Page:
The agreement to be signed in May 2024 marks a pivotal step in the country’s journey toward industrialization and self-sufficiency in methanol production.

The Brass Methanol Project, located in Bayelsa State, is a flagship industrial endeavor aimed at harnessing Nigeria’s abundant natural gas resources to produce methanol, a vital chemical used in various industrial processes.

With Nigeria currently reliant on imported methanol, this project holds immense promise for reducing dependency on foreign supplies and stimulating economic growth.

Upon completion, the Brass Methanol Project is expected to have a daily production capacity of 10,000 tonnes of methanol, positioning Nigeria as a major player in the global methanol market.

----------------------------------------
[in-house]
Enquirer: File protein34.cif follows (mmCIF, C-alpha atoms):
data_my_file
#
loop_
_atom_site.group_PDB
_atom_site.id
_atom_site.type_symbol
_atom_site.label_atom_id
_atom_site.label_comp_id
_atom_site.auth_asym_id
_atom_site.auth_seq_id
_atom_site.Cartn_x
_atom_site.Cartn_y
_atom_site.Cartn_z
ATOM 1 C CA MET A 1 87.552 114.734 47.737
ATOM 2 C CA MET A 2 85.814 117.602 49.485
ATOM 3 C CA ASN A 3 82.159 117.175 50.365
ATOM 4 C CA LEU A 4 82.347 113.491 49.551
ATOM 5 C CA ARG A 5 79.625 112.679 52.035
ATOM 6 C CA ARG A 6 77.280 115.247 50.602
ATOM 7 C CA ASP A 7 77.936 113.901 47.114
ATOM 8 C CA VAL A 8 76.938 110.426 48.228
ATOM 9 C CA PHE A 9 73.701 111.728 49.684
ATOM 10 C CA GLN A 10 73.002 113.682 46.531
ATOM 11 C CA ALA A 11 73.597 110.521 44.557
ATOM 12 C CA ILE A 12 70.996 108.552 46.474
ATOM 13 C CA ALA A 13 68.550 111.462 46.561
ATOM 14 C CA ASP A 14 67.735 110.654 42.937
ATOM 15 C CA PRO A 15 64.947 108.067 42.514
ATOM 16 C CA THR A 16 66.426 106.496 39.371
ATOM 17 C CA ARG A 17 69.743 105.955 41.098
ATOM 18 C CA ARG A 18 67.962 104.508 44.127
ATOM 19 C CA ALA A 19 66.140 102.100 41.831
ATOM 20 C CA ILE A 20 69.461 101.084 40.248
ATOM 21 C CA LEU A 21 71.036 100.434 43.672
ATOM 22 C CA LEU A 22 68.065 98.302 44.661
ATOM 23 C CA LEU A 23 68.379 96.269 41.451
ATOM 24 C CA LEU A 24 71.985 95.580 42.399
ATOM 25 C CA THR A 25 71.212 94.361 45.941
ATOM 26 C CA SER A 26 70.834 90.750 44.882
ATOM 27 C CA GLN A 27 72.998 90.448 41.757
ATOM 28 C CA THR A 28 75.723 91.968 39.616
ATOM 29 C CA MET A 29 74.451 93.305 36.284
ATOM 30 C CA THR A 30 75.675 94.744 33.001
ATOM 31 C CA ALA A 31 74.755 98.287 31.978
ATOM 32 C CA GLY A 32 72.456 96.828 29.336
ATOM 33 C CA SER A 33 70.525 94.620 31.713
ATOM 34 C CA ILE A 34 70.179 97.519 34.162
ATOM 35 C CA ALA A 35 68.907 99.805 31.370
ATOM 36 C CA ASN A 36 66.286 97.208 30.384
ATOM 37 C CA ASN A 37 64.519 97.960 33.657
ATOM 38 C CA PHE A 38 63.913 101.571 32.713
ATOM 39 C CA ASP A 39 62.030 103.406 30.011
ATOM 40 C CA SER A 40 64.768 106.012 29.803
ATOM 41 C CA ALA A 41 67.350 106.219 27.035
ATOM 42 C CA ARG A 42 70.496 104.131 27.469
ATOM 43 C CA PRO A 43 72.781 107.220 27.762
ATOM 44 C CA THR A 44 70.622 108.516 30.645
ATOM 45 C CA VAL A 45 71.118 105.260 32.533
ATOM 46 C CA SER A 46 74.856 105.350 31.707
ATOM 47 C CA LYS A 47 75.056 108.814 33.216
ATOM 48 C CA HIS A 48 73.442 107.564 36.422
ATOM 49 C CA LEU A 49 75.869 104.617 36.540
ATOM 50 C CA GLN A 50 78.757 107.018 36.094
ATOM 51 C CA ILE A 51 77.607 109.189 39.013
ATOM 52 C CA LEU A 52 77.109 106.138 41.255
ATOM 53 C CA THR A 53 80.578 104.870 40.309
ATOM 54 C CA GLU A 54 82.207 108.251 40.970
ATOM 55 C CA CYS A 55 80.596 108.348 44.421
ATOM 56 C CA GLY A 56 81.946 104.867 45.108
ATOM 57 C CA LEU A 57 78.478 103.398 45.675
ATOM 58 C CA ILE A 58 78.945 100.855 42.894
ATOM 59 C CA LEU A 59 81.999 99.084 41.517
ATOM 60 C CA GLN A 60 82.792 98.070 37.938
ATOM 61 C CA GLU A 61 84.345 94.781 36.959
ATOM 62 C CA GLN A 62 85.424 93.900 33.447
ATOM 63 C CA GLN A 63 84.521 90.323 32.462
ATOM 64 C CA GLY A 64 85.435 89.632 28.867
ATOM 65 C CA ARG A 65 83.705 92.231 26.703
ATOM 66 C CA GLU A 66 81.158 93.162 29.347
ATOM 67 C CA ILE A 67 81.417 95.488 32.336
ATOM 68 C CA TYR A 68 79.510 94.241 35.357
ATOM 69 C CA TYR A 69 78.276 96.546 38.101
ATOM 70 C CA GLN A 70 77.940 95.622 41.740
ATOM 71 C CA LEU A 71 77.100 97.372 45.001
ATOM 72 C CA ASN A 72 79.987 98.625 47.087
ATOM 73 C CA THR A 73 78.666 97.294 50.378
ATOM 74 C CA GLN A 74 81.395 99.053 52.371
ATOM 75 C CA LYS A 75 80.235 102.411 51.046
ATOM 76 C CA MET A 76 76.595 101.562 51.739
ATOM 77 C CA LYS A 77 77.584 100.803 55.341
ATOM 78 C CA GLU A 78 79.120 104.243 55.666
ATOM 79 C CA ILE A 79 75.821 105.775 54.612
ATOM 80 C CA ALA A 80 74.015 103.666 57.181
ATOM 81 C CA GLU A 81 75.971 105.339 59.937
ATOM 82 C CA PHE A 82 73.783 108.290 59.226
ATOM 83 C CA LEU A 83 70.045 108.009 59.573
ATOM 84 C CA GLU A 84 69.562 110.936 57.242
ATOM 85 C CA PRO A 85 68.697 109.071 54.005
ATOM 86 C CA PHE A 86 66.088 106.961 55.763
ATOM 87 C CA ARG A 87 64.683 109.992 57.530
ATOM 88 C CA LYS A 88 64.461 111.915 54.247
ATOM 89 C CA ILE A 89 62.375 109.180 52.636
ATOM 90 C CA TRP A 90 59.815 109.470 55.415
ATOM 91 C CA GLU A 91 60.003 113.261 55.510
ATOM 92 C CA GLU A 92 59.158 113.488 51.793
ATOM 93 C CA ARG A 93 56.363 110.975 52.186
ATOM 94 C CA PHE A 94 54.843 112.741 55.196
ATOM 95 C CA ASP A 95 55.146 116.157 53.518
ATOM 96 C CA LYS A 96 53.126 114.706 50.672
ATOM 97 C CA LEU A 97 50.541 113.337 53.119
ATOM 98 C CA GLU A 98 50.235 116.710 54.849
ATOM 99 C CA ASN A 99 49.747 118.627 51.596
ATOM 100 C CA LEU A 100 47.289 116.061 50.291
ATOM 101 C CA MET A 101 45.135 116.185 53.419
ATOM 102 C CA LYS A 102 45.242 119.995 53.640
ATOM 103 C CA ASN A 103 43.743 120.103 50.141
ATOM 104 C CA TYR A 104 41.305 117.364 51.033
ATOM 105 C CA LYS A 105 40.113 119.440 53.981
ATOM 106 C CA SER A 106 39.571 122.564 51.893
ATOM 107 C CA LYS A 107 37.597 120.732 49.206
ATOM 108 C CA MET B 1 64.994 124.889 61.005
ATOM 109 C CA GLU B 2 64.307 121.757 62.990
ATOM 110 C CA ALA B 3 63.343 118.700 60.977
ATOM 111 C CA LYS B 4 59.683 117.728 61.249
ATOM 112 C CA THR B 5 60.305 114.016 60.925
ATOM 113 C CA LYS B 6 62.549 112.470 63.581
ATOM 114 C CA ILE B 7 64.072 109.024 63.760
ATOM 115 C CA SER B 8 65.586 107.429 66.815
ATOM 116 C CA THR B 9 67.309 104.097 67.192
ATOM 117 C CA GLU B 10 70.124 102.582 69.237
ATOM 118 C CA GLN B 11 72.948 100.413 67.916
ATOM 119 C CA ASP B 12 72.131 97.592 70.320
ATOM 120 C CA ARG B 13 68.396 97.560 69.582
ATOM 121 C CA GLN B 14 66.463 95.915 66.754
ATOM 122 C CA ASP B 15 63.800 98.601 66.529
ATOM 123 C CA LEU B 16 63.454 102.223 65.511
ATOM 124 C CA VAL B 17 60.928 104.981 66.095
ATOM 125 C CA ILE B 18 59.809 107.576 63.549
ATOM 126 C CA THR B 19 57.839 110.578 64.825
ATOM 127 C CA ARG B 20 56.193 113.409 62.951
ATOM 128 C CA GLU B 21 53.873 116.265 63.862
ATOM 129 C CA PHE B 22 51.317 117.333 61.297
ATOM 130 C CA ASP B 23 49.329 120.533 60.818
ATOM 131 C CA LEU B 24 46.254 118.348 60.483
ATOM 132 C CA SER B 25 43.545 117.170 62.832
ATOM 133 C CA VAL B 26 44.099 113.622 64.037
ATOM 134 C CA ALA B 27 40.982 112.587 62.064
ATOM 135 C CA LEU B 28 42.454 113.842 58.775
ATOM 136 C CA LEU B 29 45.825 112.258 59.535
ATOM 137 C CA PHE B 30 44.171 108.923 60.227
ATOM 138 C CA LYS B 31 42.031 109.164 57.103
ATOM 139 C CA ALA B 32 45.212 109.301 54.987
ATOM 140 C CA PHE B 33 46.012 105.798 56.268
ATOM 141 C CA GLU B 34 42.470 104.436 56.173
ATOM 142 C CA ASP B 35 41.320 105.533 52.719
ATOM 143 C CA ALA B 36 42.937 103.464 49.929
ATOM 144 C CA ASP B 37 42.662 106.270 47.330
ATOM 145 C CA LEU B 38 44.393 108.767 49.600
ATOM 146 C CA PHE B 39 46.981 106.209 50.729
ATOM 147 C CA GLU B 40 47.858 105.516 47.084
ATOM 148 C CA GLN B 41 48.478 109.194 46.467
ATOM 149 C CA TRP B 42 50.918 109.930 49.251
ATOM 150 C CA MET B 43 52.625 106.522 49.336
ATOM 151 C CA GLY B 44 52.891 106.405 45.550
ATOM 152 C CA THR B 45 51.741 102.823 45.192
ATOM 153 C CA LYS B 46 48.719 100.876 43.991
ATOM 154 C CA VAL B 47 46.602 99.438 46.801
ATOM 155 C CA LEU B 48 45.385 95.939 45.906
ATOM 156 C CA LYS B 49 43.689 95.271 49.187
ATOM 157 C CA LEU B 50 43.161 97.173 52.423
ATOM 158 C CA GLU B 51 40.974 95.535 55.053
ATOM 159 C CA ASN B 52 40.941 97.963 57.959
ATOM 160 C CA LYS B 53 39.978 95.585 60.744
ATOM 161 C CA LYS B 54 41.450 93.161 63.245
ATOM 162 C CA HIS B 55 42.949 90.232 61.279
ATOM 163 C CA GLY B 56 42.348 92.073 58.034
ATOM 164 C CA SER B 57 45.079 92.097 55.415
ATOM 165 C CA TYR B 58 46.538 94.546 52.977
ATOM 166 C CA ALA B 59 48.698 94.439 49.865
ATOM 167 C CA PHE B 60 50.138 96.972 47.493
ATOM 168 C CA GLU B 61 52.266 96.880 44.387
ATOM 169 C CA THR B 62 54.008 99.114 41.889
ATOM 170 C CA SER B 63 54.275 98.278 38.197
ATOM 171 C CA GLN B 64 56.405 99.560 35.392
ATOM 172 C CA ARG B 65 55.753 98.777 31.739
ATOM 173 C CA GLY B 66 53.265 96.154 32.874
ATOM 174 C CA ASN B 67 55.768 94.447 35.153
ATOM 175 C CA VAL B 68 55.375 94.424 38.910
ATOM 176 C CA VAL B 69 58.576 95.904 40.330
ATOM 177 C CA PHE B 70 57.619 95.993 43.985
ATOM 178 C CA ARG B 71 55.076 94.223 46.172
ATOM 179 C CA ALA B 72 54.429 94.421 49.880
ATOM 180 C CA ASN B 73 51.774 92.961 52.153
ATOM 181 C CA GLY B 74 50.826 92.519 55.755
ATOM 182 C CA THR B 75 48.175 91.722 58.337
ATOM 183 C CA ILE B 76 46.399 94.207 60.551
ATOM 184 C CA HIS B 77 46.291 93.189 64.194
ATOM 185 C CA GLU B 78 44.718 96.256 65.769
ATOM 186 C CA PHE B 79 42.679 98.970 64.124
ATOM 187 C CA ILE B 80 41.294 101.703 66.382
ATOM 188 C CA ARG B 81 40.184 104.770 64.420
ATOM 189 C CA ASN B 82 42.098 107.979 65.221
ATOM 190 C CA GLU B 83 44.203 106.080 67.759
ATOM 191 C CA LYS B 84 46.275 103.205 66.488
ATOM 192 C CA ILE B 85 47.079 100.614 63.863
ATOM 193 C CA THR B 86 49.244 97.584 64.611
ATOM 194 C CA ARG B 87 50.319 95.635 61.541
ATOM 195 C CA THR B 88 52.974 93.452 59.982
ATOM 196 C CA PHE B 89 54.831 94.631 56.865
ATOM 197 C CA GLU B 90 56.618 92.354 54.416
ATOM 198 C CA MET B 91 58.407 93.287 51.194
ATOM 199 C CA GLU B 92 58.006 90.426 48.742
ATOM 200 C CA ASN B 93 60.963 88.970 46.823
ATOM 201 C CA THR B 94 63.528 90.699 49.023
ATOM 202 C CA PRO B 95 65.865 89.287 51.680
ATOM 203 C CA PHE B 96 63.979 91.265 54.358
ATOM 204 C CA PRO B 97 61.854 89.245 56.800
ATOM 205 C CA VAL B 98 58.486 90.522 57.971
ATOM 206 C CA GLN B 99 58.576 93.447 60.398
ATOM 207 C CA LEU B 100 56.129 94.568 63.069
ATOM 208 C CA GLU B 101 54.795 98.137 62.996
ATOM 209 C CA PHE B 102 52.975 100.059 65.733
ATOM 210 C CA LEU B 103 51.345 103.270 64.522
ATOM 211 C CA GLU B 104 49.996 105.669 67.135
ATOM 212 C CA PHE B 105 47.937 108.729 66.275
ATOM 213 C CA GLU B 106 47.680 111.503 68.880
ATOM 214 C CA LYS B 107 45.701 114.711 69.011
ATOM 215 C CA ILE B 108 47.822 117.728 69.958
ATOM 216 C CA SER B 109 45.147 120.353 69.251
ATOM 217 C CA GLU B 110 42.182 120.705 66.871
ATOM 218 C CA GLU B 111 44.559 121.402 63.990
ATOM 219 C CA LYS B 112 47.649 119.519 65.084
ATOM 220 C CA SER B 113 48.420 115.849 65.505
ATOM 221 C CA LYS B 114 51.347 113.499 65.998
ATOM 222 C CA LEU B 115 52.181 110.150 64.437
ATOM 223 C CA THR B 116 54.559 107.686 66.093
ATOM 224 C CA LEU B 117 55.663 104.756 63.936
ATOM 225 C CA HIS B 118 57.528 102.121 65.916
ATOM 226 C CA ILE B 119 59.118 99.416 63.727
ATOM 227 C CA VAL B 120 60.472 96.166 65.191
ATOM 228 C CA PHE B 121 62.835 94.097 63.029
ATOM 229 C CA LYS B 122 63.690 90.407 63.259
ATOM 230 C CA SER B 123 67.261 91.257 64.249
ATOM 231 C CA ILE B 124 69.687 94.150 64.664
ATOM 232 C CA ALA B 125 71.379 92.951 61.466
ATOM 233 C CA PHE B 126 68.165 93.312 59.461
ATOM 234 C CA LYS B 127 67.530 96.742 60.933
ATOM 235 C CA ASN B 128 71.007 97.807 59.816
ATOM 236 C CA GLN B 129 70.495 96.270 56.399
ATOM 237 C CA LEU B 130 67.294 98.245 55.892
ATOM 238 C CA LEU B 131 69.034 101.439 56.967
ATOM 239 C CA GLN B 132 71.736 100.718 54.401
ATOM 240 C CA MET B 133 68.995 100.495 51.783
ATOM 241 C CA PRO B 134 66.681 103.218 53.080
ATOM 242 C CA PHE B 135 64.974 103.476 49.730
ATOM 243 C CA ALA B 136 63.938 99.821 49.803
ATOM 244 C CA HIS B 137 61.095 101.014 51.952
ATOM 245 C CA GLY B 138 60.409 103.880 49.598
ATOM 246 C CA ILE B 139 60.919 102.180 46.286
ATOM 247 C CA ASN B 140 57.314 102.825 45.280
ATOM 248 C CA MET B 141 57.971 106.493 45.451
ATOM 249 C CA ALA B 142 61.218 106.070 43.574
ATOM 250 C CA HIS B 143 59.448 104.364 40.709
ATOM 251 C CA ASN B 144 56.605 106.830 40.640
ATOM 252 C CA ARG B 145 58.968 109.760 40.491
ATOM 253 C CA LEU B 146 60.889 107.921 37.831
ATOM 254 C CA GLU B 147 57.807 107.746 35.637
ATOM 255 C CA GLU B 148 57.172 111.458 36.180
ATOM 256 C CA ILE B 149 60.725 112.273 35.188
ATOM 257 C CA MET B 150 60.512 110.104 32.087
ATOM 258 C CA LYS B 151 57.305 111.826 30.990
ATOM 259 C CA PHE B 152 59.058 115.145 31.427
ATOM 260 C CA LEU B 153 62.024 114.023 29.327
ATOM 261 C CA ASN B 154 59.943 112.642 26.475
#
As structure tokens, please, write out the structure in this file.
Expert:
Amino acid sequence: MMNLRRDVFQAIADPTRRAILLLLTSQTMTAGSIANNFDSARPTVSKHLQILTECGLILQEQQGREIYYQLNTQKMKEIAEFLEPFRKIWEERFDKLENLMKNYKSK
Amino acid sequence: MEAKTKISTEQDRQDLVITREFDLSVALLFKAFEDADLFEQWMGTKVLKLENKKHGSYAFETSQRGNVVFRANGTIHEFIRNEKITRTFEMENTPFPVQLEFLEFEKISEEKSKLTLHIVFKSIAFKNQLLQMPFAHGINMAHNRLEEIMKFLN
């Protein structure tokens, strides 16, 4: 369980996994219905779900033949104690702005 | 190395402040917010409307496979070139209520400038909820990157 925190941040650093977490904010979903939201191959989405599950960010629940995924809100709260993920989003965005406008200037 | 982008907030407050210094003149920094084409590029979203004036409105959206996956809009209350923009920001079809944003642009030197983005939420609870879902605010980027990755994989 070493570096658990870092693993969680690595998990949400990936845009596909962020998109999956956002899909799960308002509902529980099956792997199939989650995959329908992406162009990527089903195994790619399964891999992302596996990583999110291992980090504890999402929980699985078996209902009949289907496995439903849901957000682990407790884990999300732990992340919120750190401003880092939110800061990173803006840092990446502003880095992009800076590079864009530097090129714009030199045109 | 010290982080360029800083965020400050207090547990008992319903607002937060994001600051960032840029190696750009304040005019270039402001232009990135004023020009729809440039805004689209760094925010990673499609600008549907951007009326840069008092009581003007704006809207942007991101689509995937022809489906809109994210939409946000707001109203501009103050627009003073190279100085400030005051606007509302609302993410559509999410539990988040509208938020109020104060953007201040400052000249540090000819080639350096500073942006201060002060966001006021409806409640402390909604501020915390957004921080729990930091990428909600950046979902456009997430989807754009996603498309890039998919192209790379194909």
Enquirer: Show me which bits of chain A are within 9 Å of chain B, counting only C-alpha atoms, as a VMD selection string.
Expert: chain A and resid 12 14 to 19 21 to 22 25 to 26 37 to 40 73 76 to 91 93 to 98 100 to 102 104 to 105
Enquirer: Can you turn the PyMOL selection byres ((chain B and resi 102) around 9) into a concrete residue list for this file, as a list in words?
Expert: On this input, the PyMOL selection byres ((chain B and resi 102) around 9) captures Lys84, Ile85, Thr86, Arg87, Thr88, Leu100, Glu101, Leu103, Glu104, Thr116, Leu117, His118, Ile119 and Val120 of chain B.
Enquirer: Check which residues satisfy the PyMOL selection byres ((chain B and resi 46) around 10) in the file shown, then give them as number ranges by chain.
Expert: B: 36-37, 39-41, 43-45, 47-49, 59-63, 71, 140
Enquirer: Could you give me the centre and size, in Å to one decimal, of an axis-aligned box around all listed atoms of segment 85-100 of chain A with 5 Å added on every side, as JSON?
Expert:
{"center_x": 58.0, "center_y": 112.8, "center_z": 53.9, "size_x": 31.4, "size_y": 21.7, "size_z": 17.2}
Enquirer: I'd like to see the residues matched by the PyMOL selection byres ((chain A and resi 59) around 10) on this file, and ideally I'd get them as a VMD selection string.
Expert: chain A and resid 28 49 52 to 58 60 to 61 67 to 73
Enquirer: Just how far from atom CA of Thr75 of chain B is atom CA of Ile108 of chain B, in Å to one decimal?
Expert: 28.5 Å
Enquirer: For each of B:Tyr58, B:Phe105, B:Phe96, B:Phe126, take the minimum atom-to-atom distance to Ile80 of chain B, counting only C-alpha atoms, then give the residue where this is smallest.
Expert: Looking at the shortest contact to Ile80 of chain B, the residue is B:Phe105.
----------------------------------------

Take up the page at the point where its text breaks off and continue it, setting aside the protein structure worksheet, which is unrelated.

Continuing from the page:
Furthermore, the project is projected to create up to 15,000 jobs during its construction phase, providing a significant boost to employment opportunities in the country.

The successful execution of the GSPA is essential to ensuring uninterrupted gas supply to the Brass Methanol Project.

Key stakeholders, including the Nigerian National Petroleum Company Limited and the Nigerian Content Development & Monitoring Board, are working closely to finalize the agreement and pave the way for the project’s advancement.

Speaking on the significance of the project, Minister of State Petroleum Resources (Gas), Ekperikpe Ekpo, emphasized President Bola Tinubu’s keen interest in expediting the Brass Methanol Project.